Mickeycaskill writes: Facebook will start testing a 400kg drone with the wingspan of a Boeing 737 next year, CEO Mark Zuckerberg has said, as part of the company's drive to connect people in remote areas to the Internet. Aquila will fly between 60,000ft and 90,000ft as to avoid adverse weather conditions and commercial air routes, while the attached laster can transmit data at 10Gbps. Facebook claims it can accurately connect with a point the size of a US 5-cent coin from more than 10 miles away.

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Ask Slashdot: Can You Disable Windows 10's Privacy-Invading Features?

Slashdot - Sat, 08/01/2015 - 23:10
An anonymous reader writes: I really want to upgrade to Windows 10, but have begun seeing stories come out about the new Terms and how they affect your privacy. It looks like the default Windows 10 system puts copies of your data out on the "cloud", gives your passwords out, and targets advertising to you. The main reason I am looking to upgrade is that Bitlocker is not available on Windows 7 Pro, but is on Windows 10 Pro, and Microsoft no longer offers Anytime Upgrades to Windows 7 Ultimate. However, I don't want to give away my privacy for security. The other option is to wait until October to see what the Windows 10 Enterprise version offers, but it may not be available through retail. Are the privacy minded Slashdot readers not going with Windows 10? For reference, I am referring to these articles. (Not to mention claims that it steals your bandwidth.)

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ARIN IPv4 Addresses Run Out Tomorrow

Slashdot - Sat, 08/01/2015 - 22:12
jcomeau_ictx provided that teaser of a headline, but writes: Not really. But the countdown at tunnelbroker.net should go to zero sometime tomorrow around noon, considering it's at 45,107 as I write this, it's counting down about one address every two seconds, and there are 86,400 seconds per day. Just happened to notice it today. Might be worth a little celebration at every NOC and IT enterprise tomorrow.

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In Windows 10, Ad-Free Solitaire Will Cost You $10 -- Every Year

Slashdot - Sat, 08/01/2015 - 21:16
Wired UK reports that the pre-installed Solitaire on Windows 10 capitalizes on the long-cultivated addiction that some users have to the game with an interesting bargain: rather than being an ordinary included application like it used to be, what may be the world's most pervasive on-screen office time-sink of a game now comes with ads, unless a user wants to pay (by the month, or by the year) to remove those ads. Notes the linked piece: "To be entirely fair, this is the same as on the Windows 8 version, which wasn't installed by default but could be downloaded from the Windows Store." At $1.49/month or $10/year, this might be enough to drive some people who otherwise would not to check out some of the free, open-source games out there; PySolitaire is one of many in this incomplete list.

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Researchers Find That Queen Bees Vaccinate Their Offspring

Slashdot - Sat, 08/01/2015 - 20:15
The Washington Post reports that a team of researchers have discovered a previously unrecognized behavior in bees which gives the insects an extra layer of protection against certain diseases. Though the analogy to human-style vaccination is not perfect, it's close enough to make sense. Queen bees, the group found, break down some disease-causing pathogens found in the pollen and nectar brought to them by worker bees, but do not simply destroy them. Instead, after they are partly broken down, Bits of the pathogens are then transferred to the queen's "fat body," an organ similar to a liver, where they are packaged onto a protein called vitellogenin and delivered to eggs through the queen's blood stream. The result: newly hatched bee larvae that are already immune to the nasty germs that could have plagued the colony. The article notes that "the discovery could extend to other species throughout the animal kingdom," because all egg-laying animals have the same protein.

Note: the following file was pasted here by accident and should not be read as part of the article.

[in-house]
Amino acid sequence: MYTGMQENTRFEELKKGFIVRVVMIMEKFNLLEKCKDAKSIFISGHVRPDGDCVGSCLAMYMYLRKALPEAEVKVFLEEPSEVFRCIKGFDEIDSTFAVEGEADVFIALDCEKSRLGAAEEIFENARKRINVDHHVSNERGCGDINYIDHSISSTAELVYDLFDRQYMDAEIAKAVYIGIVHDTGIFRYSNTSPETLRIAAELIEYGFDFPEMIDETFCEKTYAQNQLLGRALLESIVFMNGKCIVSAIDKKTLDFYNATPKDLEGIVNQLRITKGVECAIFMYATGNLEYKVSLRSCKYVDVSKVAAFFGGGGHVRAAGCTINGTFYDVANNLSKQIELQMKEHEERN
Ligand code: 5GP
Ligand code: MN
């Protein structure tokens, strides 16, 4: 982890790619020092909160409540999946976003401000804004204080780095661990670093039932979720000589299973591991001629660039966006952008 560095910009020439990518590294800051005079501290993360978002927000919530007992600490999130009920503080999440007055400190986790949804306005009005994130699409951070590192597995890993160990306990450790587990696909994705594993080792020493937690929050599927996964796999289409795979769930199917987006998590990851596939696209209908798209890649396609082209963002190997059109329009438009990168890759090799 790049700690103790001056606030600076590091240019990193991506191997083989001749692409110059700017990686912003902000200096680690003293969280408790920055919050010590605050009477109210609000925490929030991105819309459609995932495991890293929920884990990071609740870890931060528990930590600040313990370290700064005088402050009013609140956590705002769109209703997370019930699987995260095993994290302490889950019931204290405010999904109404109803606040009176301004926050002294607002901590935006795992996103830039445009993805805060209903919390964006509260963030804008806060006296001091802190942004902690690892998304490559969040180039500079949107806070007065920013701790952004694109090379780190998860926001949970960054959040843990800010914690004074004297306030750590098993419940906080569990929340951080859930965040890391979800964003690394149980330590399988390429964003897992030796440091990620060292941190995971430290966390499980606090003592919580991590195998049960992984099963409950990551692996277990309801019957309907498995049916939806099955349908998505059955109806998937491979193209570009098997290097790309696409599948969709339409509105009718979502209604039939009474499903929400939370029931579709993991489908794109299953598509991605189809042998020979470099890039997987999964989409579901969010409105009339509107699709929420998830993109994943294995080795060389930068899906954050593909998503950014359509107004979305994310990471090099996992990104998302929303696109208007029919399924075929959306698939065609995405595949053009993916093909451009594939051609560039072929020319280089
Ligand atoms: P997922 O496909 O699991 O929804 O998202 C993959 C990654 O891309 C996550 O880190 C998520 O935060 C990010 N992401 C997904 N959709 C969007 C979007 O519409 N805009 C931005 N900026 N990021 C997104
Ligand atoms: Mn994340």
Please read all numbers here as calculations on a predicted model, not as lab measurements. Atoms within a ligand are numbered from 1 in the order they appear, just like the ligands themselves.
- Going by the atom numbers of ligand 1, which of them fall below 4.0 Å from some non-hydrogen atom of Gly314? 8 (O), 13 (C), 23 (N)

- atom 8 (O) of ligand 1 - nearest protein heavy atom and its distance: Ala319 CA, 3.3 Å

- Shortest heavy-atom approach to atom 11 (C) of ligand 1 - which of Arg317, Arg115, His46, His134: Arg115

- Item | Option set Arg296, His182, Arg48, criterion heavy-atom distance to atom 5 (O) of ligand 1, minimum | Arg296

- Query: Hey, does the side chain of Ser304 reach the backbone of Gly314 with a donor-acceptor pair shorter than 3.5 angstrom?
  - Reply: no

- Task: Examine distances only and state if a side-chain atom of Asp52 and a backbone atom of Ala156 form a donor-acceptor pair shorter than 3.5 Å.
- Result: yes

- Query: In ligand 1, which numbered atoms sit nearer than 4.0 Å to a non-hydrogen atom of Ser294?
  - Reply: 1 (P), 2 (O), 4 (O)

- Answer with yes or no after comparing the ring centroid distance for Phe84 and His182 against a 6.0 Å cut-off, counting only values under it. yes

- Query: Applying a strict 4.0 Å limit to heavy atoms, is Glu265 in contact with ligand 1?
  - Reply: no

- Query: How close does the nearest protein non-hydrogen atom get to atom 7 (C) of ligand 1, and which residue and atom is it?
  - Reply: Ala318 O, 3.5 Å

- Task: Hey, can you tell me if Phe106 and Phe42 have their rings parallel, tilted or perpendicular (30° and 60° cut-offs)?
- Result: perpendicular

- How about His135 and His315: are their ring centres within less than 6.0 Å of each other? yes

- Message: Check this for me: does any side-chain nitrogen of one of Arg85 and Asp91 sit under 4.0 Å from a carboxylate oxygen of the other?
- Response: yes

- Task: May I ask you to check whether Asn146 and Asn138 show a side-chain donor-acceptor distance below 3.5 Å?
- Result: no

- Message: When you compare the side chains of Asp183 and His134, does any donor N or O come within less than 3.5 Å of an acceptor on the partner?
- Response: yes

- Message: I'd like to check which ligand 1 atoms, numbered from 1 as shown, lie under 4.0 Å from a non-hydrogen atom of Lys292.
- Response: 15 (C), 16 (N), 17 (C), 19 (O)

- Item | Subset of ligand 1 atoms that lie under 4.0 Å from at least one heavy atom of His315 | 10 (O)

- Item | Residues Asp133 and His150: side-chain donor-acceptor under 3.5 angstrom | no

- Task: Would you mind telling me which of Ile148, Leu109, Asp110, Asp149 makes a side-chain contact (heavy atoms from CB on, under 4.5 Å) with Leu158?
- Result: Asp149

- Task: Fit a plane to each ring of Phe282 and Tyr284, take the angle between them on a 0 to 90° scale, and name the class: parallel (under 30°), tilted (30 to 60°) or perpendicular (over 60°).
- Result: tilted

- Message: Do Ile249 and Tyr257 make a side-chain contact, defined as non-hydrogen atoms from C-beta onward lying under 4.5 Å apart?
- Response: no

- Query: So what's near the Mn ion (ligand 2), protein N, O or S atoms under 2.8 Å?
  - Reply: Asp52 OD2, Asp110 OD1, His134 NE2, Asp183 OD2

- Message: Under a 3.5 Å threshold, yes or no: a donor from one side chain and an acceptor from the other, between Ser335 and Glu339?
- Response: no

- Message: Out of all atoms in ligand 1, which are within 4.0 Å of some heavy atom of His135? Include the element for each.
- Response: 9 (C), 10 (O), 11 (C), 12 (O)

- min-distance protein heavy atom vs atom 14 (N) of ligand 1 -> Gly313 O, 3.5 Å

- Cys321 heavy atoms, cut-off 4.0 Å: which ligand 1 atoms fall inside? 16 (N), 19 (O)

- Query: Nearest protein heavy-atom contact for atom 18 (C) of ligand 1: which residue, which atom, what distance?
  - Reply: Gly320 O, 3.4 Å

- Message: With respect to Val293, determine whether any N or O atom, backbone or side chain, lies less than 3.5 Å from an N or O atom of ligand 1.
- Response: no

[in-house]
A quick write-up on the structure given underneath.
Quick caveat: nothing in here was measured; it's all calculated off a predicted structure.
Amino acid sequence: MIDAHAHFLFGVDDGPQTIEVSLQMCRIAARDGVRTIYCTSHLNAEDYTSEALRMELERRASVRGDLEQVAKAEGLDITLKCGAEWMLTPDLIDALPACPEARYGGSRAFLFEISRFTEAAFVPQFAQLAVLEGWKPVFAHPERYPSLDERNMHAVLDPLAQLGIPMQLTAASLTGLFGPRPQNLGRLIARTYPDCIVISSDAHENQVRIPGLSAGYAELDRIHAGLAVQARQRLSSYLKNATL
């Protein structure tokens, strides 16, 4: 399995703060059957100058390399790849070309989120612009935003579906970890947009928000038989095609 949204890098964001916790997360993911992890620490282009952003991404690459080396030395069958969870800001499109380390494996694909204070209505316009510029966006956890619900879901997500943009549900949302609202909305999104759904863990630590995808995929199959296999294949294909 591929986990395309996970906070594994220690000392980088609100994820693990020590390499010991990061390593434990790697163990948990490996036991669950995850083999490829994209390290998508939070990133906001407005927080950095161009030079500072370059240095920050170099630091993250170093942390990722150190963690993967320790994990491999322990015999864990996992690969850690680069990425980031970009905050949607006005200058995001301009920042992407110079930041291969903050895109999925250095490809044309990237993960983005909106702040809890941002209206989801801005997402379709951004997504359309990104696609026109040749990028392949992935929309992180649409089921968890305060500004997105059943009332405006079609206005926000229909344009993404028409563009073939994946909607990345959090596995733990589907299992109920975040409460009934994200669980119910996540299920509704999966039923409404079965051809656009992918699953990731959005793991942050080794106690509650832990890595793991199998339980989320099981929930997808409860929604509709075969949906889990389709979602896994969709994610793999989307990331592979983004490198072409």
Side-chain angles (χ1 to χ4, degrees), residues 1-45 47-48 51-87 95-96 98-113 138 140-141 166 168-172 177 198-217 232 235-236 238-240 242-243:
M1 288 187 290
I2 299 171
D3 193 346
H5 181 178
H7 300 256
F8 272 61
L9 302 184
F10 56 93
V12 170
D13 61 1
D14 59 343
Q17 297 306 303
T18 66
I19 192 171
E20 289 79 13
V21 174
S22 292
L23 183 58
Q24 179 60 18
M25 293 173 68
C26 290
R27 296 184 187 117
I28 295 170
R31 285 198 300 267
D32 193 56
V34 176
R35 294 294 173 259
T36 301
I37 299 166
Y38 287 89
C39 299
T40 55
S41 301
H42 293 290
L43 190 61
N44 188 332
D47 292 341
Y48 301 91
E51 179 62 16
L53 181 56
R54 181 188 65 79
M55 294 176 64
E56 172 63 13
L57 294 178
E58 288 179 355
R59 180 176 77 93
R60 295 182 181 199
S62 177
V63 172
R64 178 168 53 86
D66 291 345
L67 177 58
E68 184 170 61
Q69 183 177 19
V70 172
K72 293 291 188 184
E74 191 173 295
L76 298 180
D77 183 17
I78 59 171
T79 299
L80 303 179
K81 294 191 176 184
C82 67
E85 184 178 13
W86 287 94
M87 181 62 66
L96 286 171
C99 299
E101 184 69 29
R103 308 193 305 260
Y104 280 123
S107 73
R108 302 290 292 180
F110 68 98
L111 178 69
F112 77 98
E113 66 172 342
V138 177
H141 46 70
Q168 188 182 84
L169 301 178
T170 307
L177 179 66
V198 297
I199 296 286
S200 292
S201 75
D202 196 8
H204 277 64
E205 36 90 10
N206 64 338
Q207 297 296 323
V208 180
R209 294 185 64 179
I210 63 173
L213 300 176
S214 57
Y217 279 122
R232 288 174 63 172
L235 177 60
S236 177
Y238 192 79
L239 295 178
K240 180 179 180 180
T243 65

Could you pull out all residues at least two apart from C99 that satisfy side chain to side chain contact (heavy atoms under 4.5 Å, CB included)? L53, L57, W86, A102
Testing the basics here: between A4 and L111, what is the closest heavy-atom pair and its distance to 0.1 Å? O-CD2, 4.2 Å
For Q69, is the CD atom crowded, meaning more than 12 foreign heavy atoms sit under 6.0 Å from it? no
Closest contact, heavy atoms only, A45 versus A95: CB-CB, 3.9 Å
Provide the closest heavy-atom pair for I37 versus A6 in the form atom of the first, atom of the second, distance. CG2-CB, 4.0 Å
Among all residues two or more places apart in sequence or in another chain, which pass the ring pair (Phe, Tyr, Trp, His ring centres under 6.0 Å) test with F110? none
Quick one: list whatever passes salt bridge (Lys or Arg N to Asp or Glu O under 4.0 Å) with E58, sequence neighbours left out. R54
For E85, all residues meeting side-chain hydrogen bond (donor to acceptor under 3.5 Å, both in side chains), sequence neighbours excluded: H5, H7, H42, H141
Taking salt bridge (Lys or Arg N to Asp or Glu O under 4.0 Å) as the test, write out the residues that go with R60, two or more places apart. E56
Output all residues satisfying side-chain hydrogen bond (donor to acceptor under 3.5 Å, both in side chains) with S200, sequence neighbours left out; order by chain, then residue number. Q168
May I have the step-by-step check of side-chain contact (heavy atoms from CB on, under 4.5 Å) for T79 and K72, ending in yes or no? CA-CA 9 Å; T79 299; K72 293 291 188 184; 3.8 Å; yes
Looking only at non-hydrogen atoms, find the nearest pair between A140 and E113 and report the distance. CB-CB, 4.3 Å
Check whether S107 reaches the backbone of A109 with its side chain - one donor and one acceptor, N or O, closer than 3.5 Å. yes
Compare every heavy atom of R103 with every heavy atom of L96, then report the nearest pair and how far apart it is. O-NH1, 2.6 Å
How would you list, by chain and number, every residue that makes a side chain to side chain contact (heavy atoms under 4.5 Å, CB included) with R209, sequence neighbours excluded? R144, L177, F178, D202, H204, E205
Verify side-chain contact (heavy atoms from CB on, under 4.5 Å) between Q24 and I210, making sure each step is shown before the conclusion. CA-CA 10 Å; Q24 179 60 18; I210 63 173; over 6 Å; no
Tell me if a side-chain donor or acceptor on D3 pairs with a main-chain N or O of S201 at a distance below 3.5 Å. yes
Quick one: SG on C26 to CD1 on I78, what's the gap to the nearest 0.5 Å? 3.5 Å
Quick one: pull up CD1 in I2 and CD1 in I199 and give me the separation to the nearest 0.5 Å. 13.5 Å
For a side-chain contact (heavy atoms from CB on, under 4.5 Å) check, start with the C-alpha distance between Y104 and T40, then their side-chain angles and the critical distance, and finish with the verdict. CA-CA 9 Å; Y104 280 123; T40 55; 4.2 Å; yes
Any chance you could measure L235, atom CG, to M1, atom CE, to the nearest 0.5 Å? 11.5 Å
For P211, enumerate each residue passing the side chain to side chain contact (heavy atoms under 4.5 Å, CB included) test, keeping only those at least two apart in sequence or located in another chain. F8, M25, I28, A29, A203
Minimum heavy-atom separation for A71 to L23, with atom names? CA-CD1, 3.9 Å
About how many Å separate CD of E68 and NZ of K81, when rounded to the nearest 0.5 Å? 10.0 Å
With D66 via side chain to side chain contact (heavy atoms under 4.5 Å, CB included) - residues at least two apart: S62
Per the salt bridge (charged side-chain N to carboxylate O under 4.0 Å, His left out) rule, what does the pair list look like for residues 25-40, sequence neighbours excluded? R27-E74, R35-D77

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Microsoft Taps PBS To Advance Its National Talent Strategy With 'Code Trip'

Slashdot - Sat, 08/01/2015 - 19:17
theodp writes: You don't have to be Mitt Romney to question PBS's announcement that it will air the Microsoft-funded 'reality' show Code Trip, in which Roadtrip Nation and Microsoft YouthSpark will send students across the U.S. for a "transformative journey into computer science." Of the partnership, Roadtrip Nation co-founder Mike Marriner said, "Roadtrip Nation is proud to partner with Microsoft's YouthSpark initiative not only to inform others of the many career routes one can take with a computer science background, but also to engage in the much-needed conversation of diversifying the tech field with more pluralistic perspectives." YouthSpark is part of Microsoft's National Talent Strategy (pdf), which the company describes as "a two-pronged approach that will couple long-term improvements in STEM education in the United States with targeted, short-term, high-skilled immigration reforms." The Official Microsoft Blog reports that filming of Code Trip began this week, with the three students traveling around the country to speak with leaders including Hadi Partovi, the co-founder of Code.org and 'major supporter' of FWD.us, who coincidentally once reported to Microsoft CEO Satya Nadella, and is the next door neighbor of Microsoft General Counsel Brad Smith and a jogging partner of Steve Ballmer.

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ISPs Claim Title II Regulations Don't Apply To the Internet Because "Computers"

Slashdot - Sat, 08/01/2015 - 18:17
New submitter Gryle writes: ArsTechnica is reporting on an interesting legal tactic by ISPs in the net neutrality fight. In a 95-page brief the United States Telecom Association claims Internet access qualifies as information service, not a telecommunication service, because it involves computer processing. The brief further claims "The FCC's reclassification of mobile broadband internet access as a common-carrier service is doubly unlawful." (page 56)